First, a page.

From LGBTQ rights to racial justice, WNBA players have been vocal for years, since the league’s inaugural season in 1997.
Though Colin Kaepernick became the face of police brutality demonstrations in 2016, WNBA players actually began protesting before he did.
At the news conference, Rebekkah Brunson, then a captain for the Lynx, spoke about the police shootings.
“What is happening now is not new. Racism and unjust phobic fear of Black males and disregard of Black females is very real. When we look at the facts, it’s hard to deny there’s a real problem in our society,” said Brunson, now a coach for the Lynx. “If we take this time to see that this is a human issue, and speak out together, we can greatly decrease fear and create change.”
Elizabeth Williams, a player for the Atlanta Dream, was drafted into the league in 2015. She told CNN that it’s easy to forget how unimaginable it was back then for athletes to say things like “Black Lives Matter” or to kneel, especially on national television.
“For us to do that in 2016 — to kneel, to walk out before the anthem before a Finals game — that level of activism was kind of unheard of in sports in 2016,” Williams said.
She continued, “We’ve been doing this work, regardless of how much visibility we’ve had.”
And they haven’t stopped at racial justice. Many teams have also spoken out collectively for LGBTQ issues. After the Pulse nightclub shooting in Orlando in 2016, teams donated money to local funds and wore warm-up shirts in support of Orlando and the LGBTQ community.
“(Their activism) very player generated. And it has been from the beginning. That’s how they get to be so creative with the work that they’ve been doing,” Johnson said.
She pointed to the recent shirts worn by the Mystics, with the gun shots in the back.
“That was provocative,” she said. “It’s creative, and I think it goes with their brand, where they know that sports are important for social justice.”
By protesting, WNBA players risk more
“Somebody like LeBron James does not have to worry about his livelihood being threatened by his activism,” Haines pointed out. “As opposed to, you know, a WNBA player who we already know was being paid significantly less, who may be marginalized for taking a stand around these issues, and whose career could frankly be threatened by speaking up around these issues.”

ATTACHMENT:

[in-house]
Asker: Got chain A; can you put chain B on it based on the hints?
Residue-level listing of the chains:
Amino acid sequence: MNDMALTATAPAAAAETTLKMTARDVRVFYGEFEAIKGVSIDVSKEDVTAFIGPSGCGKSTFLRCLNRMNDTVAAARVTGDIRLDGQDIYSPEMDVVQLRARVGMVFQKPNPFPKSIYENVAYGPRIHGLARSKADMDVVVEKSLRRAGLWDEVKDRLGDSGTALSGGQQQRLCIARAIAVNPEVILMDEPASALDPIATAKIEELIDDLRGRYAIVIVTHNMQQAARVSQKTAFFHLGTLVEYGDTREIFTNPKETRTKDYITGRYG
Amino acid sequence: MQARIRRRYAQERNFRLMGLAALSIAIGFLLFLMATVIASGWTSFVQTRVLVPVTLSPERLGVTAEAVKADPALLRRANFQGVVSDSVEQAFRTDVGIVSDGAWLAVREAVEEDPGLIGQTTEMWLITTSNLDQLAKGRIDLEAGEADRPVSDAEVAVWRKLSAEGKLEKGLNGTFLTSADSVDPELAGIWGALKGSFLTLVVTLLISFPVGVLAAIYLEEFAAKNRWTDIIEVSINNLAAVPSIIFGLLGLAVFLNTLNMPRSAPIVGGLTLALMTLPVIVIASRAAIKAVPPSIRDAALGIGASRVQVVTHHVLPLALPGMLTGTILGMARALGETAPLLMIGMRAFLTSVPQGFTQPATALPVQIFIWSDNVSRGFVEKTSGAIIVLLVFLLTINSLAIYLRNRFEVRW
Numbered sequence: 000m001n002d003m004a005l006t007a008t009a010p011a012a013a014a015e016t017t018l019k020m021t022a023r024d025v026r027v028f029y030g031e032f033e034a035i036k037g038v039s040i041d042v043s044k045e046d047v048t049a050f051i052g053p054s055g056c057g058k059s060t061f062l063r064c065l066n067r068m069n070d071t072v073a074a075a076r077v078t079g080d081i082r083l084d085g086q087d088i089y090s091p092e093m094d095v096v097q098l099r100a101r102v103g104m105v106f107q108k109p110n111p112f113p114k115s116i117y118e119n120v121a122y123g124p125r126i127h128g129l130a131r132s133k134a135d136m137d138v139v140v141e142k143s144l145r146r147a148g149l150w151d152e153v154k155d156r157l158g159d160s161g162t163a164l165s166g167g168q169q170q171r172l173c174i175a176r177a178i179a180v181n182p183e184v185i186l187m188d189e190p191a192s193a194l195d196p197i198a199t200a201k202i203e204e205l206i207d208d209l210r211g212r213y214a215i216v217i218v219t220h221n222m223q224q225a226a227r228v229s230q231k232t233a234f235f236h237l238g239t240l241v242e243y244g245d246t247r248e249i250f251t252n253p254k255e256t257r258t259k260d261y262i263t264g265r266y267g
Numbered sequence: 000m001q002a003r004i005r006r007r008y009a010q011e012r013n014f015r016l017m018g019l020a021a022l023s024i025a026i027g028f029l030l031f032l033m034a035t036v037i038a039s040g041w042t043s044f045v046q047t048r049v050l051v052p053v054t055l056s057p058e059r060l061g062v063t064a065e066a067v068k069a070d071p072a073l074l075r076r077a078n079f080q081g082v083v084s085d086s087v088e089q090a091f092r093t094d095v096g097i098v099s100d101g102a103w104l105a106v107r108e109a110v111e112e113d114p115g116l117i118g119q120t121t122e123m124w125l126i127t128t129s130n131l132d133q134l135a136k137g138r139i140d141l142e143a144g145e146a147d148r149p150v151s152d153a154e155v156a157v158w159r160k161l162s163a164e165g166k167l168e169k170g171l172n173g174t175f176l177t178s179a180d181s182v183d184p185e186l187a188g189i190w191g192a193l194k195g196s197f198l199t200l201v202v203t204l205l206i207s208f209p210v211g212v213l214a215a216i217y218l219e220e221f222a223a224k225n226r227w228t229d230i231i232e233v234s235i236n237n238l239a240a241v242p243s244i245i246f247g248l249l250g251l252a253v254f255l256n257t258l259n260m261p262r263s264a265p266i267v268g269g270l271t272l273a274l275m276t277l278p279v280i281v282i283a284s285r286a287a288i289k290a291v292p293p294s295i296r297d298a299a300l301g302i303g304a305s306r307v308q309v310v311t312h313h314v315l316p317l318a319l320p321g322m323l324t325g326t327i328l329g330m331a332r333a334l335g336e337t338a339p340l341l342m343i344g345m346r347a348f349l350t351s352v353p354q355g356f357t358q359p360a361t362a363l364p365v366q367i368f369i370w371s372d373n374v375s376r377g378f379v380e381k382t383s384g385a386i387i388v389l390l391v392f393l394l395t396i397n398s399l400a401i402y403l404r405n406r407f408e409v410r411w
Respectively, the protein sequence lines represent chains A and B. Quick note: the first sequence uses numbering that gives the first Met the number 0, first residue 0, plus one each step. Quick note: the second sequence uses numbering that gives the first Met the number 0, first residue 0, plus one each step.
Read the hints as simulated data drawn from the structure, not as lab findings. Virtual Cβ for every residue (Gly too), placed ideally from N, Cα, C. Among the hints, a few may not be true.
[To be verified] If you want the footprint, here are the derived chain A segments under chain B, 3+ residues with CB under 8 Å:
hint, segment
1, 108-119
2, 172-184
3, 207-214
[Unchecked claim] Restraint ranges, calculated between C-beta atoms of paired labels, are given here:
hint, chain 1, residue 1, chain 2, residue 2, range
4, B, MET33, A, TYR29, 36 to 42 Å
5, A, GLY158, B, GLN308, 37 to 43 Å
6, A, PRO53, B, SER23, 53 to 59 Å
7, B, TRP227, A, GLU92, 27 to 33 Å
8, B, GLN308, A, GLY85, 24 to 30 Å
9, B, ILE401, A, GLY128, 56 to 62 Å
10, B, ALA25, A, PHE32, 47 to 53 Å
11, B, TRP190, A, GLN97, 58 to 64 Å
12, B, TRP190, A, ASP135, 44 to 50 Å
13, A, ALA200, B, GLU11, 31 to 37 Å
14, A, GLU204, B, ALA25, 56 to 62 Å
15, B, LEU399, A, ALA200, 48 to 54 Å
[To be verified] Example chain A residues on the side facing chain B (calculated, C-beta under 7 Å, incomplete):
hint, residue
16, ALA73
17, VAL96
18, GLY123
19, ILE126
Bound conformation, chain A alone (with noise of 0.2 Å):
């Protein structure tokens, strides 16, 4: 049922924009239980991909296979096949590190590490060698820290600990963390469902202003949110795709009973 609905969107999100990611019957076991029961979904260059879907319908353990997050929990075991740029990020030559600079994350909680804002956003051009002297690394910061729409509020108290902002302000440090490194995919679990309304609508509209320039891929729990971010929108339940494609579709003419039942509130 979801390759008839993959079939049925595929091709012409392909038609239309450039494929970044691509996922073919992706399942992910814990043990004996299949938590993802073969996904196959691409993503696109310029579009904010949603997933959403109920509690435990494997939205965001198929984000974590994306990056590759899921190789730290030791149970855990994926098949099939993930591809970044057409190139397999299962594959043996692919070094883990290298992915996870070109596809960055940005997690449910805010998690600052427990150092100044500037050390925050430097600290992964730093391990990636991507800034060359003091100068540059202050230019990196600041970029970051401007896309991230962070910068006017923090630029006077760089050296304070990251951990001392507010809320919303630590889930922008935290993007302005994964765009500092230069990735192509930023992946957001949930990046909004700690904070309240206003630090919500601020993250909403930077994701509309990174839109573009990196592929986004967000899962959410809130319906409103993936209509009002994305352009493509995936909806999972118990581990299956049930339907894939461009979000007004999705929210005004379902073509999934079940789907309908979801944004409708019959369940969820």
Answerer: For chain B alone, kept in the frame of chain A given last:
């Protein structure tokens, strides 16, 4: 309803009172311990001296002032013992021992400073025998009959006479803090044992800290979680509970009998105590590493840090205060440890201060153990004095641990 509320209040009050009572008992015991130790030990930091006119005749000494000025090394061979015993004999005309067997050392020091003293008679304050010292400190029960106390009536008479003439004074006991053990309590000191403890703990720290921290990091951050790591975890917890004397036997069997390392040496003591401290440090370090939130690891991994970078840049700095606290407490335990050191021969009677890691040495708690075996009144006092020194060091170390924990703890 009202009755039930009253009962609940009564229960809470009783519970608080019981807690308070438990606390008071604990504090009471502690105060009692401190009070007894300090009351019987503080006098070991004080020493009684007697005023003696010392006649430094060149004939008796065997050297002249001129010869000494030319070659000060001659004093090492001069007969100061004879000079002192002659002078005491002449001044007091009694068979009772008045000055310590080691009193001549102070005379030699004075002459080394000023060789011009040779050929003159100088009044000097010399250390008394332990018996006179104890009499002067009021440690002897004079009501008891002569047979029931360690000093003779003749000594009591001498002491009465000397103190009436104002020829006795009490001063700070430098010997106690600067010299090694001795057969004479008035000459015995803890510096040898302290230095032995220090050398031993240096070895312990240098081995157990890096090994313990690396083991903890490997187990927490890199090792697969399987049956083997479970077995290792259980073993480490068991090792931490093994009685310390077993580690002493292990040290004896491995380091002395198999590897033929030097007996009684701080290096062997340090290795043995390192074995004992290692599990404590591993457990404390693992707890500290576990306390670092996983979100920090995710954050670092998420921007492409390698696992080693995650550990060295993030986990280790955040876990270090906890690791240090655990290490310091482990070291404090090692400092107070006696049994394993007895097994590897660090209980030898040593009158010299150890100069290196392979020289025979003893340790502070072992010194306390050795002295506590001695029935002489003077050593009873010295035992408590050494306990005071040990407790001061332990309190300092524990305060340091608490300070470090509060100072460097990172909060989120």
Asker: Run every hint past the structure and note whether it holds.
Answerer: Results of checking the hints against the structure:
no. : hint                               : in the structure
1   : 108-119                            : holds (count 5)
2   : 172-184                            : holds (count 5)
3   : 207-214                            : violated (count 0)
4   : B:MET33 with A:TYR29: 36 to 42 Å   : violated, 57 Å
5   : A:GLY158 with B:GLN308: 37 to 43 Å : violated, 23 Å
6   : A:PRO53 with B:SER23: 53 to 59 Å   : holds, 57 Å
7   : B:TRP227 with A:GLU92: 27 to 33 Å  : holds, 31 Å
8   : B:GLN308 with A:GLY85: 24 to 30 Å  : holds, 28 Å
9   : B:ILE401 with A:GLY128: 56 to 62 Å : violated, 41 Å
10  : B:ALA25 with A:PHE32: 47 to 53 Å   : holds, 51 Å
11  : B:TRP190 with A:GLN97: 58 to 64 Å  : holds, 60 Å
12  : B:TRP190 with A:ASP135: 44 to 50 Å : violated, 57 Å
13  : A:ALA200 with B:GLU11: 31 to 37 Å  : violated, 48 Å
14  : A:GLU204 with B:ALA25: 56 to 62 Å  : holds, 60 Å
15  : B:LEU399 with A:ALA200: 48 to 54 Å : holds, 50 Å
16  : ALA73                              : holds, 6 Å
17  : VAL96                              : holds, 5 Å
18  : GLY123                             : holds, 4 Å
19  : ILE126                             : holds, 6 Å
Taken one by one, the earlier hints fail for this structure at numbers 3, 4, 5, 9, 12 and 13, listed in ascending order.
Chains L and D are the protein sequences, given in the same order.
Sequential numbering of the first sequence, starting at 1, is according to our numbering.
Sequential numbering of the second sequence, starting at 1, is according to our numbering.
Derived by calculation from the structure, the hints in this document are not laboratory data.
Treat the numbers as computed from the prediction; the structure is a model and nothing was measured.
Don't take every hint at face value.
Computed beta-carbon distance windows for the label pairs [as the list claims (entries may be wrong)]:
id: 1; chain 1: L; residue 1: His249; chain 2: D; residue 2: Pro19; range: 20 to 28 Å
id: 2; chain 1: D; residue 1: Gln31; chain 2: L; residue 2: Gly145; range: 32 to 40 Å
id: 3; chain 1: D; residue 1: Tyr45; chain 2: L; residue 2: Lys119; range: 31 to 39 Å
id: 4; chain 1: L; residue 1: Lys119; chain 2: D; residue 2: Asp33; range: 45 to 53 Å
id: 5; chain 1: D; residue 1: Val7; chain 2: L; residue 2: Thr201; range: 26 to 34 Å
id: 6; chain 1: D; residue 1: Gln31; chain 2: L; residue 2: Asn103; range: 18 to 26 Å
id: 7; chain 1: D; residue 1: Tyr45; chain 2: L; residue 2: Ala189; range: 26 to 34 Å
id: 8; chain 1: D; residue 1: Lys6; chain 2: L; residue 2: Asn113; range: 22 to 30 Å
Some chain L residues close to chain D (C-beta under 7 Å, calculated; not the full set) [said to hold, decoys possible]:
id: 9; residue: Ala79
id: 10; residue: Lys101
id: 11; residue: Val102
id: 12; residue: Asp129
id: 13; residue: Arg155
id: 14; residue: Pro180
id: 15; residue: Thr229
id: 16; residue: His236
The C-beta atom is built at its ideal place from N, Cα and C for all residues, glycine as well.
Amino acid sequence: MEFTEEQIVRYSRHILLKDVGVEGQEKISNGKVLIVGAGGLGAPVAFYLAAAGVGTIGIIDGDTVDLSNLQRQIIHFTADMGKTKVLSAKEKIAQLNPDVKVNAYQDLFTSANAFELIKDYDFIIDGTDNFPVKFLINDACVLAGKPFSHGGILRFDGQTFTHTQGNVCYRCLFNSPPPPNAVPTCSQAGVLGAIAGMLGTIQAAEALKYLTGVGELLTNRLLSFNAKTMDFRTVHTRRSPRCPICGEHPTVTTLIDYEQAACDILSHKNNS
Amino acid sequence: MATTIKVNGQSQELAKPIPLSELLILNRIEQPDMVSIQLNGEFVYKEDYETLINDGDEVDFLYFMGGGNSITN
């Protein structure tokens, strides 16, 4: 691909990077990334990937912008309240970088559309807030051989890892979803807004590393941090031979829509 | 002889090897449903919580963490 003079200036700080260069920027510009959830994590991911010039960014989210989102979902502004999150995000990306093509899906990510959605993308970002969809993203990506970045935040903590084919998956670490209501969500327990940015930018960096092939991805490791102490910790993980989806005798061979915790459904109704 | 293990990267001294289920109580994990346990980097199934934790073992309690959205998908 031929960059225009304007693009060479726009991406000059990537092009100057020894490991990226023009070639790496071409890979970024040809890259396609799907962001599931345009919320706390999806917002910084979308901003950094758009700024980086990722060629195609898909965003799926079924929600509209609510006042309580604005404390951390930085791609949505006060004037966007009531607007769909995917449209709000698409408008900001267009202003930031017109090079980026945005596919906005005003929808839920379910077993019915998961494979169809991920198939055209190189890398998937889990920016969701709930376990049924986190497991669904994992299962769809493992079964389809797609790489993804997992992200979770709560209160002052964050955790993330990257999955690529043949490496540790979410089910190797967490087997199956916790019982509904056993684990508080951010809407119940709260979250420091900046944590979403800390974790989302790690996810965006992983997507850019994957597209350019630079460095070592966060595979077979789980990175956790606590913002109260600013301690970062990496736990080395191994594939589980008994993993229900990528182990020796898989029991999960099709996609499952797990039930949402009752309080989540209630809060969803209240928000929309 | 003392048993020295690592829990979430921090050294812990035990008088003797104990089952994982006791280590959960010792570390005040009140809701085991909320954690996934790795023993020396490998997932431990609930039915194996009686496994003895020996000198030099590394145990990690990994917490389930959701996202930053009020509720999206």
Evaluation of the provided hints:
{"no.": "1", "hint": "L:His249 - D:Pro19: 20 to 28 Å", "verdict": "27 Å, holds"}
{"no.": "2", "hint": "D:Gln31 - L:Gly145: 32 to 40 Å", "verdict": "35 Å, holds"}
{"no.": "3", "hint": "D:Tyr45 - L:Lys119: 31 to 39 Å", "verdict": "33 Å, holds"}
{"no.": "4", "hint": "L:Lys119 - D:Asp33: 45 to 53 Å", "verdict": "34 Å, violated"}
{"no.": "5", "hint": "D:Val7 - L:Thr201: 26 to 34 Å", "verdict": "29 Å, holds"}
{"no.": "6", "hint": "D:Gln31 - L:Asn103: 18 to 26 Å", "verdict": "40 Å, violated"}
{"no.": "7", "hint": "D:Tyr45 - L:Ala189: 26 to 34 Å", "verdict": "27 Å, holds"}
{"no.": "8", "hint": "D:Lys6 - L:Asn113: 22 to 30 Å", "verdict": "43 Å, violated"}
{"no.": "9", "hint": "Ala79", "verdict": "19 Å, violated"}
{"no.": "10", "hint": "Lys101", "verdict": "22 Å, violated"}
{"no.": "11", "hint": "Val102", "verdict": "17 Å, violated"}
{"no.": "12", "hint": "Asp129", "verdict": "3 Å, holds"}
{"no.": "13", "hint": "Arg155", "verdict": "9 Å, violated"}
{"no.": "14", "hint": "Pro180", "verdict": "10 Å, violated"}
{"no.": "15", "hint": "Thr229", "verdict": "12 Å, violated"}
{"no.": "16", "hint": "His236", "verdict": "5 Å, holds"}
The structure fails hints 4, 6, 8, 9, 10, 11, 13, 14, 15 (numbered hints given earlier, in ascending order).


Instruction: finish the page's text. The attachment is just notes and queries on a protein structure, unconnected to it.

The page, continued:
Without a WNBA season, the teams lose a significant amount of publicity and visibility, Johnson said. And yet, when NBA players announced their stop-in-play this week, the WNBA followed suit.
“Instead of just dropping the social justice thing, you can tell they’re committed because they’re still doing it,” Johnson said.
Take the Atlanta Dream, Williams’ team. The owner of the team is US Sen. Kelly Loeffler, who has been outspoken against the BLM movement and the WNBA’s activist work.
Despite her position of power, Dream players have not only continued their social justice work, but have spoken out against her — starting a campaign encouraging Georgians to vote for her opponent Raphael Warnock, a Democrat running for her seat.
Women athletes have a history of activism
Gibson forced an unwilling world to create space for her, thus pushing for equality and helping women who came after.
It’s a trend that has continued — particularly among those with the biggest platforms. Pro tennis player Naomi Osaka, one of the highest paid female athletes in the world, gave a statement following the shooting of Jacob Blake, writing “Watching the continued genocide of Black people at the hand of the police is honestly making me sick to my stomach.”
Across sports, though, women’s activism doesn’t receive the same amount of attention as men’s, Haines said. In the case of the WNBA, they don’t have the same star power. And yet the WNBA’s role in the social justice movement “cannot be ignored.”
“What they are doing in this moment is tied to a continuum of activism from women in sports that we have not recognized and appreciated nearly enough,” Haines said.
Williams pointed to the obvious — many women in the WNBA are minorities in the real world. They’re gay, or they’re women of color, or they’re both. They can empathize with the Jacob Blakes, the Breonna Taylors, she said.
“For us,” she said, “it’s like a constant fight for equality.”
Though the league’s regular season ends in mid-September, its commitment to activism and civic engagement will continue.